Ever wonder how you get such awesome electronics so cheaply? Ever wonder why Walmart and Apple are the top companies in their field? Tight profit margins for their suppliers that enable high profits. Tight profit margins that require the suppliers to use slave labour in prisons and sweat-shop labour in factories. You think your job is bad? You think no good has ever come from labour unions? Try supplying the most profitable, most proprietorial corporation in the world with its newest, slightly different gadget each year. Can't live without you cellphone? Try living while making them.
Below is an article re-posted from DailyTech about the working conditions at Apple's biggest supplier, where the only "labour movement" is downward.
Wish you would step back from that ledge my friend./ You could cut ties with all the lies / That you've been living in.
Increasing attention has been paid to the sharp increase in suicides this year at Foxconn's Shenzhen factory which manufactures iPods, iPads, and iPhones. It also fills orders from a broad list of clientele including Dell, HP, Microsoft, Nintendo, and Sony. With at least one employee dying from exhaustion as well, the pressure is on for Foxconn and its Taiwanese owner Hon Hai Precision Industry Ltd. to enact changes.
In the long term Foxconn is considering moving to Vietnam in order to lower labor costs, or replacing employees with robots at an automated facility in Taiwan. For now, it's using other measures to try to cut the suicide rate in China in the short term.
Among these measures appear to be a set of newly installed safety nets at some of its facilities. A tipster sent a photo of some of these nets in to Gizmodo. As the site points out, the company has put out no official release about the nets, which span between the kind of residential high rises that employees have previously jumped from. The nets may serve some other purpose, but its appears they may have at least been in part put up to cushion employees' falls.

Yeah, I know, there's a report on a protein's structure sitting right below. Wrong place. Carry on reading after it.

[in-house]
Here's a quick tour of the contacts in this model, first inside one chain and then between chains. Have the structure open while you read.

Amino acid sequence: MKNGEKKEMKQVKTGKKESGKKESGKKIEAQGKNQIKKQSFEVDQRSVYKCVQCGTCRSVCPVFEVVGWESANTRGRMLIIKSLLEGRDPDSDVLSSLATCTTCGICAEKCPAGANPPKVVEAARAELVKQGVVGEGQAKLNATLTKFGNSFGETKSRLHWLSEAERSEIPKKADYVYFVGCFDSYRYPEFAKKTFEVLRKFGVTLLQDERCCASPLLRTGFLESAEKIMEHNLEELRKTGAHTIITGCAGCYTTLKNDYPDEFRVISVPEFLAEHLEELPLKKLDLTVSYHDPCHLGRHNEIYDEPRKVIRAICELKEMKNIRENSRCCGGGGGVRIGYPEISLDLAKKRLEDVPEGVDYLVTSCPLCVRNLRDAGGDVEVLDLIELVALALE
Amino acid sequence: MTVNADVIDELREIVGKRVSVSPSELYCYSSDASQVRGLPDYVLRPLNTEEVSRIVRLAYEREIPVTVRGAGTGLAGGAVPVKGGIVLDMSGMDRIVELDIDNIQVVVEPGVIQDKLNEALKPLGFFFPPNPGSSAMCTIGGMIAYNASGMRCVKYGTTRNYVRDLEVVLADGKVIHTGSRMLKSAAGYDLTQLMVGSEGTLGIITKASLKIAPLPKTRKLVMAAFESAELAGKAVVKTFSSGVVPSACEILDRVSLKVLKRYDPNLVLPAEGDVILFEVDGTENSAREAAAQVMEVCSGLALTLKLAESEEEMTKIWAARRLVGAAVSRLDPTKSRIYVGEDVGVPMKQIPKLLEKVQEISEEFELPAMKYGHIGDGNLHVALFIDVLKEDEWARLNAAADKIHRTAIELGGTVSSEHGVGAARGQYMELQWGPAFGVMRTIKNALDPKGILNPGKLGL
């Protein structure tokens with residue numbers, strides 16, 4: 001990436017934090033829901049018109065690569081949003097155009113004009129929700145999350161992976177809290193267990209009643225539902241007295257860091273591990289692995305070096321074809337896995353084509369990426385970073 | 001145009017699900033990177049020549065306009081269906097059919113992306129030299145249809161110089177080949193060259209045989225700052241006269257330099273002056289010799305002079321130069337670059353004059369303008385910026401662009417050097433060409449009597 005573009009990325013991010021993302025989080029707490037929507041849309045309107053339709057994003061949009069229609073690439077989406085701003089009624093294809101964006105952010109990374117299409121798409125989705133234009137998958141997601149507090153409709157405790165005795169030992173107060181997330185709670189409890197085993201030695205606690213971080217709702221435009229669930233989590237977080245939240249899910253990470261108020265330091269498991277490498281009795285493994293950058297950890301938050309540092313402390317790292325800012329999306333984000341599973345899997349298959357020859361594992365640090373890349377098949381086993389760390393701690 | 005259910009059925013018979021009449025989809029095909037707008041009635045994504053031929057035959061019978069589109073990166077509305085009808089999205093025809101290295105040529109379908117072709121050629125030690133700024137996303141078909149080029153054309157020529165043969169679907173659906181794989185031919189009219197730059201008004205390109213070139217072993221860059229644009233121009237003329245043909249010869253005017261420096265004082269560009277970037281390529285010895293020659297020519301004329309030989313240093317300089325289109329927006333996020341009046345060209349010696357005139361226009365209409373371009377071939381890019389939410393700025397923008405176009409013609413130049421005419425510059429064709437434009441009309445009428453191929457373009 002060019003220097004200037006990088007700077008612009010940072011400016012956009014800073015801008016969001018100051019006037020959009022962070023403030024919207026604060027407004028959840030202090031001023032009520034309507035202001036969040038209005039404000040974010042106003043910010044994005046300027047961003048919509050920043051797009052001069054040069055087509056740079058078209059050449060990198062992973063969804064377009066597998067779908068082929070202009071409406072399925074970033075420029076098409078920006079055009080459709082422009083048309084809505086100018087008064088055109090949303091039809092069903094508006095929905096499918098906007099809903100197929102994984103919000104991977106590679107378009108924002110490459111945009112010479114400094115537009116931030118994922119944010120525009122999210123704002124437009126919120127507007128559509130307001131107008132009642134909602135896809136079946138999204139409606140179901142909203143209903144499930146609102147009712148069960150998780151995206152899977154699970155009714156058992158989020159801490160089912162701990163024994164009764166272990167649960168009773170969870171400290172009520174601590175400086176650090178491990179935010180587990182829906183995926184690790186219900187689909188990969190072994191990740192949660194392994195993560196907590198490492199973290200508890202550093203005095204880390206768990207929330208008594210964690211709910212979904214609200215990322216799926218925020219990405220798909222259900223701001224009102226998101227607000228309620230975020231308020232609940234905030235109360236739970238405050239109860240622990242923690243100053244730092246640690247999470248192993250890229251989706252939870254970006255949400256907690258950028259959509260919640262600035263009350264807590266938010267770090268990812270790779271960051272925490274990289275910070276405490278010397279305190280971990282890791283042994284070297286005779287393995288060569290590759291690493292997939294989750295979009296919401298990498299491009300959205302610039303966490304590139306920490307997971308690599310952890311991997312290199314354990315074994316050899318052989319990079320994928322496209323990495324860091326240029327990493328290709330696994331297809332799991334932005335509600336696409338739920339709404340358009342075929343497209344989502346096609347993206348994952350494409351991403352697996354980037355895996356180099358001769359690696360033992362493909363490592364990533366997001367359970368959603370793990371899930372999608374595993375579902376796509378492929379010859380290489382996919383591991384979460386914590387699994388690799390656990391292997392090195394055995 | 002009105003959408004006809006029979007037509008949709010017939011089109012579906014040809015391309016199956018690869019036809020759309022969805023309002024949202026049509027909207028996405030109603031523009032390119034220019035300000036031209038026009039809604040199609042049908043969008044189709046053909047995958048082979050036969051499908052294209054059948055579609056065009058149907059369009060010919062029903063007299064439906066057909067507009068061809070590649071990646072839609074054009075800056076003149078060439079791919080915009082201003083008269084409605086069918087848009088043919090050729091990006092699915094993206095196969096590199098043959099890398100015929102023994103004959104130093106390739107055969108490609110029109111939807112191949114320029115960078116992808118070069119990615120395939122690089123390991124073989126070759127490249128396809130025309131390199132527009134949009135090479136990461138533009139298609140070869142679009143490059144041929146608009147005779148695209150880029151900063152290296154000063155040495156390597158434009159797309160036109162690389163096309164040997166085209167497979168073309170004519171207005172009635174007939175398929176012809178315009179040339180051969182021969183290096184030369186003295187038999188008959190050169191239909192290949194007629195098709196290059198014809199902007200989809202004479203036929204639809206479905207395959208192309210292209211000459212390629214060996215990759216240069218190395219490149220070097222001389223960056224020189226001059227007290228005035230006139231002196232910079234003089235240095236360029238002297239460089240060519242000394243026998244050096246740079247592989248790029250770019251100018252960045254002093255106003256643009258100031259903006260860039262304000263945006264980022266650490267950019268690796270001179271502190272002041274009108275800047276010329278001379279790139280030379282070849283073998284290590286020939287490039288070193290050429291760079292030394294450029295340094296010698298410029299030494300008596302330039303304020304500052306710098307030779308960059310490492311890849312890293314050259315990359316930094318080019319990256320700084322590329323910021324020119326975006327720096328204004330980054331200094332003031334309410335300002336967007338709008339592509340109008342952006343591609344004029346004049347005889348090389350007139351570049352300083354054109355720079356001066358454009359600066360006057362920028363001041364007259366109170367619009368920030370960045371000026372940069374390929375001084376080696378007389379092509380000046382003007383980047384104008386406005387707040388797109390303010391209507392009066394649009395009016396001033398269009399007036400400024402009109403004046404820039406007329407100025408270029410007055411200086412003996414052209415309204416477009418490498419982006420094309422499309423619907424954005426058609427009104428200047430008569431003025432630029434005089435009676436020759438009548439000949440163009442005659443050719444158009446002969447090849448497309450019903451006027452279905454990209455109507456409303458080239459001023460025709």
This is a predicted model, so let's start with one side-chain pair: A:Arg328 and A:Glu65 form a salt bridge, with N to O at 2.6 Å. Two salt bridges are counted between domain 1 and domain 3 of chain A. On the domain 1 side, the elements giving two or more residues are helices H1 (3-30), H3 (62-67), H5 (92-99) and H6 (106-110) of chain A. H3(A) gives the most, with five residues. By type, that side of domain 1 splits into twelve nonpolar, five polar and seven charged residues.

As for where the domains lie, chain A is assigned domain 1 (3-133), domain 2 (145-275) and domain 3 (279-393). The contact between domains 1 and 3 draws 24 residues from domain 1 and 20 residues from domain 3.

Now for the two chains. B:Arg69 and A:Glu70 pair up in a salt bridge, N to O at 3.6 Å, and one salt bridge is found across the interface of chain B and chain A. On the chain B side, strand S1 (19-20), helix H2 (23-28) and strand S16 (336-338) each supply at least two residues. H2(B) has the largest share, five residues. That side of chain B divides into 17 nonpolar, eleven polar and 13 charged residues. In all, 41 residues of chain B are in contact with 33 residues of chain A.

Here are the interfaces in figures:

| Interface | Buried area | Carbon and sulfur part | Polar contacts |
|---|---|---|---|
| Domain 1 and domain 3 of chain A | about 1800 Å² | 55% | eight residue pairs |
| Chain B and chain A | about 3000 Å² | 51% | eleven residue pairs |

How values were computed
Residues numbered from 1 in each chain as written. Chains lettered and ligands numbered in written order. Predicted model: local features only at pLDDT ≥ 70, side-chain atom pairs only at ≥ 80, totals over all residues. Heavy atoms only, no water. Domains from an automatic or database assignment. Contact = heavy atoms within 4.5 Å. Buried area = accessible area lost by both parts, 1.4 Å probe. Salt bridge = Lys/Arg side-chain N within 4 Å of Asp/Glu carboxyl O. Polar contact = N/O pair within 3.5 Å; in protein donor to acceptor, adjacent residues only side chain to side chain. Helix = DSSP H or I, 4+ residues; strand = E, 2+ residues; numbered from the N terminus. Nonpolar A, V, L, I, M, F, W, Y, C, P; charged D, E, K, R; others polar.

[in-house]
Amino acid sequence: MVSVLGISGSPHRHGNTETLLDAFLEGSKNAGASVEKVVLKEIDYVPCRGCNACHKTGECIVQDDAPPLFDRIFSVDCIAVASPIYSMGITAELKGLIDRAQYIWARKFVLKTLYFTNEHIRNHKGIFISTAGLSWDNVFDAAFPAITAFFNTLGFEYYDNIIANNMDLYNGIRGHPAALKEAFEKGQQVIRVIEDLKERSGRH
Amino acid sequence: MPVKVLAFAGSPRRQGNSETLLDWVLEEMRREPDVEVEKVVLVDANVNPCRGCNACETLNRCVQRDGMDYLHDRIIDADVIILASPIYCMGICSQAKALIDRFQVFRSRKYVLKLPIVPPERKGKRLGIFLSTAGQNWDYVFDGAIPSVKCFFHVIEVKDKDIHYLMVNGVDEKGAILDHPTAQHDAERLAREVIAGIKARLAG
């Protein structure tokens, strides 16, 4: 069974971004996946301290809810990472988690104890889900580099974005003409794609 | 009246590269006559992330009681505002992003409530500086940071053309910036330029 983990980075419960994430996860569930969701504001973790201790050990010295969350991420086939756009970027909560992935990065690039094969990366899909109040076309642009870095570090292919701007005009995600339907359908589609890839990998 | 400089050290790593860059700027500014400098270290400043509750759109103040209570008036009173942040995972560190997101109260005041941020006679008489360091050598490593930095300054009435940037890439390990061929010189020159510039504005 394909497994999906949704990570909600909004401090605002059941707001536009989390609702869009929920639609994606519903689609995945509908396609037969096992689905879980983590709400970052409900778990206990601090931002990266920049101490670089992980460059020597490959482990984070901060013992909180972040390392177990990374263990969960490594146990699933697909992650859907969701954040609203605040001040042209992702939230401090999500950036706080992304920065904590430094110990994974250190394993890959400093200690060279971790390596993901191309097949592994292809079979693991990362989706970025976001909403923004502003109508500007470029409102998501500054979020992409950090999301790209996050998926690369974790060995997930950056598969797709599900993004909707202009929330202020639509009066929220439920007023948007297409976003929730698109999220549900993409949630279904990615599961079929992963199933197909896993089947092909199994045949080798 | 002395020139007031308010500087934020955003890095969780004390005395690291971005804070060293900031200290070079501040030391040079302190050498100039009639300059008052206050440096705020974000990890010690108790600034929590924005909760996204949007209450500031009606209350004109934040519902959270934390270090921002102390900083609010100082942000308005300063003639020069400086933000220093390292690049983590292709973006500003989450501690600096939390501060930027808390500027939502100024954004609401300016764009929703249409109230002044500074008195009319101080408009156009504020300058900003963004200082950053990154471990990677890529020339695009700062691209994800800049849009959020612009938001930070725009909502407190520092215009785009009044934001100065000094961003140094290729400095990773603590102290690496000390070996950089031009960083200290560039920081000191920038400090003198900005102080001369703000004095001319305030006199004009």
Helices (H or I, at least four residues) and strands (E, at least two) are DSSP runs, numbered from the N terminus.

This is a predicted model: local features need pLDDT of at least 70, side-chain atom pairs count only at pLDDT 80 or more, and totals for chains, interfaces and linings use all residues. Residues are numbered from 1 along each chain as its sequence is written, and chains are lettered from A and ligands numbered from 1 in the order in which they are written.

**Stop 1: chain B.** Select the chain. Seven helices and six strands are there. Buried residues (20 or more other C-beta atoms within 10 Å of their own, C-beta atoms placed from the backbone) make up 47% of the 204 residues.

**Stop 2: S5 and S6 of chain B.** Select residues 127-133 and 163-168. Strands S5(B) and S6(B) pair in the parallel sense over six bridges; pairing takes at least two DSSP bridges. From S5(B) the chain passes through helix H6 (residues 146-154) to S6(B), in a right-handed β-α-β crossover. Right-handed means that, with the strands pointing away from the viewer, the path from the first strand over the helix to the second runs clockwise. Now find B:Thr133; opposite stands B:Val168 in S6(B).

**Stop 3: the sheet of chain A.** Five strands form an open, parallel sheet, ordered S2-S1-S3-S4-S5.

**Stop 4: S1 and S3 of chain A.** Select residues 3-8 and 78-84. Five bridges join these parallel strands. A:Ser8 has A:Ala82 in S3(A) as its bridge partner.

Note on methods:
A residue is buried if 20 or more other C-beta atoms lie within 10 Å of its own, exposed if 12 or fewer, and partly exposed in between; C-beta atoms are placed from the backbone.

Foxconn is also raising its employees wages. And its brought in a host of experts including Buddhist monks to release the souls of the dead from purgatory and to flood the plant floors with soothing melodies. It also has created "anger rooms" in which its employees can beat away their rage and frustration.
Most U.S. manufacturers turn a blind eye to these kind of issues in China. However, after much criticism Apple has taken to conducting yearly working condition studies. Its latest one showed a variety of problems including overworked, underpaid employees, and the use of child labor.
In the wake of these problems Apple and other U.S. firms have shown some signs that they're looking to adopt firmer stances with their suppliers to reduce these kinds of problems.